505

In a verbatim string literal (@"foo") in C#, backslashes aren't treated as escapes, so doing \" to get a double quote doesn't work. Is there any way to get a double quote in a verbatim string literal?

This understandably doesn't work:

string foo = @"this \"word\" is escaped";
831

Use a duplicated double quote.

@"this ""word"" is escaped";

outputs:

this "word" is escaped
  • I'm trying to use @Html.Raw() and the quadruple quote breaks my string – JoshYates1980 Sep 26 '14 at 20:35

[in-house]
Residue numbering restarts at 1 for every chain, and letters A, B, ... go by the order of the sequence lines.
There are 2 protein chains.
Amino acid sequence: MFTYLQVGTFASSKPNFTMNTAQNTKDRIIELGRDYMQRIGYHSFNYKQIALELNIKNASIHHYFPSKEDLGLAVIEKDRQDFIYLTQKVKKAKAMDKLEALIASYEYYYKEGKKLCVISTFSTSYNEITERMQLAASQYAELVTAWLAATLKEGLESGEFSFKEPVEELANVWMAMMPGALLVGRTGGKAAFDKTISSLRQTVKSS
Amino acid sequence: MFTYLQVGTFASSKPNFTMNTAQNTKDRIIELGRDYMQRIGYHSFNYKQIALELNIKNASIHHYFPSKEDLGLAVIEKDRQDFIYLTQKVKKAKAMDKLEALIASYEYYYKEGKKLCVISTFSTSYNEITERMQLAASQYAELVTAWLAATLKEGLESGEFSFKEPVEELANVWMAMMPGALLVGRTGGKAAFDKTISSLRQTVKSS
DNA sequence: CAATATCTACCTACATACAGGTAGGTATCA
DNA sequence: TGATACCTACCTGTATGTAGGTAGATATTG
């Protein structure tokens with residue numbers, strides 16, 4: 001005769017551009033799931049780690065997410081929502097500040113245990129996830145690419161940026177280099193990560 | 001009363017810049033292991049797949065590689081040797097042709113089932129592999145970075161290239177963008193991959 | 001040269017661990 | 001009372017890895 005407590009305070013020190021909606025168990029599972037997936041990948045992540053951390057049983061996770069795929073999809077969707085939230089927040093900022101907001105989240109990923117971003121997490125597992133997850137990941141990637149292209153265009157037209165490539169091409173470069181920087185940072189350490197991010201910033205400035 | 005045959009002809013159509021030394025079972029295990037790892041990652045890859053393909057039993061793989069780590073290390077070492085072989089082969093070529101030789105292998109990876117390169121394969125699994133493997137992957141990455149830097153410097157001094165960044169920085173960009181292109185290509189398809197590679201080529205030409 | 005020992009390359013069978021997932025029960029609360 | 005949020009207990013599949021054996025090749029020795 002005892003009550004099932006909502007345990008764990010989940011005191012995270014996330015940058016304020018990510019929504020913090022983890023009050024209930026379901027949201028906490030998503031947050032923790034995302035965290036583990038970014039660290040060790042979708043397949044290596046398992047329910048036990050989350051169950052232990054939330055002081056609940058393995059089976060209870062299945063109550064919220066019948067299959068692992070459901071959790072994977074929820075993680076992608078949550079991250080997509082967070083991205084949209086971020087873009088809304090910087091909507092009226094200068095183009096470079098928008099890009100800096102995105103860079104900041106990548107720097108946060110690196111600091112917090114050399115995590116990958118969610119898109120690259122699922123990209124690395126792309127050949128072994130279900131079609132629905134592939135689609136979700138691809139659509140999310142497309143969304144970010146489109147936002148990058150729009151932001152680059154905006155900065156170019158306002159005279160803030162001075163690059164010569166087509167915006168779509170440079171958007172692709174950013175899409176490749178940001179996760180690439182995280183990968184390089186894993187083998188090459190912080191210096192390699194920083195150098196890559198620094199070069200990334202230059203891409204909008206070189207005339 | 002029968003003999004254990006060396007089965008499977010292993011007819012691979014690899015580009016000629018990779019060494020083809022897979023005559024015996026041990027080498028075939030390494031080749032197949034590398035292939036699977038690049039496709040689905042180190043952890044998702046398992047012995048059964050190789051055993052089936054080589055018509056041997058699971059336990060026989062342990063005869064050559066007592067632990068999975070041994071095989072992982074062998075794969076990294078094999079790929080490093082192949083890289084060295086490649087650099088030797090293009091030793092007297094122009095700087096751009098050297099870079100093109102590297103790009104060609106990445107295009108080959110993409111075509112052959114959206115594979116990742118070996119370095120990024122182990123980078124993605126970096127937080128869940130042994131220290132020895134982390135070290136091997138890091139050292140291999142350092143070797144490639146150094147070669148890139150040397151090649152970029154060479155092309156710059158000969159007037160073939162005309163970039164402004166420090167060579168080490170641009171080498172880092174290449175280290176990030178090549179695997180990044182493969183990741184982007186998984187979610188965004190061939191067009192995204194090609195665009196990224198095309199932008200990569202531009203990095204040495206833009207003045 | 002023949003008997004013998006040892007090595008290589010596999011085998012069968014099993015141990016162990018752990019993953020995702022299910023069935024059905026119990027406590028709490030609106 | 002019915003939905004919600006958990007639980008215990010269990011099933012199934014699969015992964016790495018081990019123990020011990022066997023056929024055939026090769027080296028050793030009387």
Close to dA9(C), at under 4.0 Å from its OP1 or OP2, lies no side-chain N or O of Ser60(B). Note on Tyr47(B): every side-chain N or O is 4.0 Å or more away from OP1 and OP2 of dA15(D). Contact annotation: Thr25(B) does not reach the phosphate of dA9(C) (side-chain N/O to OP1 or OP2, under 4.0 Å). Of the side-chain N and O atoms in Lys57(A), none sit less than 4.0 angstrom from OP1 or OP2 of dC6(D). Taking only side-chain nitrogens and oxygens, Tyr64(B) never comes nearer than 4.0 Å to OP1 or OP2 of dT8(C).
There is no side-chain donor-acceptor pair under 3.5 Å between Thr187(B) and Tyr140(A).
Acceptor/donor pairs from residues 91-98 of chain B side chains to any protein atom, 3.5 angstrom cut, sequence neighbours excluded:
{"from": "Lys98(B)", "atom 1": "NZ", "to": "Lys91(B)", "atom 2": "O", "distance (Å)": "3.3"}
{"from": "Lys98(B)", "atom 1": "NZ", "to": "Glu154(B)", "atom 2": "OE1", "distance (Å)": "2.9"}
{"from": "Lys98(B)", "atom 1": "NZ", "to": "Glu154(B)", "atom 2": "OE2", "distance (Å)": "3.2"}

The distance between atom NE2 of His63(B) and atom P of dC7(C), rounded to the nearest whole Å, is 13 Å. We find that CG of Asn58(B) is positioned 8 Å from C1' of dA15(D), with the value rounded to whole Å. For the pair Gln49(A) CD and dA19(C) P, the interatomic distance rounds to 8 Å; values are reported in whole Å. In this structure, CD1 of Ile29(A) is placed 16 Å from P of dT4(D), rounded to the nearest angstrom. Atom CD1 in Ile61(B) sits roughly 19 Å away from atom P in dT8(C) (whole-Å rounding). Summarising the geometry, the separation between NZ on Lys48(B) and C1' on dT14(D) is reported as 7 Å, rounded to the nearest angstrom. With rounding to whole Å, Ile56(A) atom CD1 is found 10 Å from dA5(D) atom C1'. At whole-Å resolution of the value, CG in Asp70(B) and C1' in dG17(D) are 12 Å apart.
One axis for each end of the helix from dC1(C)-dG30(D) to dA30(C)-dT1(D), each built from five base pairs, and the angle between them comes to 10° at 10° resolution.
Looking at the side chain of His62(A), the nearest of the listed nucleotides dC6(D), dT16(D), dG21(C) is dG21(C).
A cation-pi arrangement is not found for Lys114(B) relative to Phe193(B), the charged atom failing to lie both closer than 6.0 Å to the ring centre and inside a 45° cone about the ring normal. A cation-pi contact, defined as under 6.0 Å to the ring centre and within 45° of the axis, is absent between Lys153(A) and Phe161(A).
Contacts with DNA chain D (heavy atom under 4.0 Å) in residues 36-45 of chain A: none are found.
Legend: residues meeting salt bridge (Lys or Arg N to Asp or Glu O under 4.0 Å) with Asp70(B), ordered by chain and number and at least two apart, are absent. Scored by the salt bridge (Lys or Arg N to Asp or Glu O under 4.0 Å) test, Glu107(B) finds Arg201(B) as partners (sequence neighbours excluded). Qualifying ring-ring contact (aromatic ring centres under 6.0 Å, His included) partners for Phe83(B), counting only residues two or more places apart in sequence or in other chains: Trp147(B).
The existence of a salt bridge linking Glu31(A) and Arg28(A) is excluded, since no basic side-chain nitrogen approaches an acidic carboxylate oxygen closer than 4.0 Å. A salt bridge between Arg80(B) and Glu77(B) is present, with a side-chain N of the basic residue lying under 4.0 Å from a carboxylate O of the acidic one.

• 1
    Can you use it without the string literal? It seems like Html.Raw() would take care of ensuring it's a string for you... – Myles Sep 27 '14 at 17:32
  • 1
    It's also possible to use it in combination with string interpolation: $@"this ""{wordVar}"" is escaped";. – fdelia Jan 30 '18 at 10:02
110

Use double quotation marks.

string foo = @"this ""word"" is escaped";
93

For adding some more information, your example will work without the @ symbol (it prevents escaping with \), this way:

string foo = "this \"word\" is escaped!";

It will work both ways but I prefer the double-quote style for it to be easier working, for example, with filenames (with lots of \ in the string).

71

This should help clear up any questions you may have: c# literals

Here is a table from the linked content:

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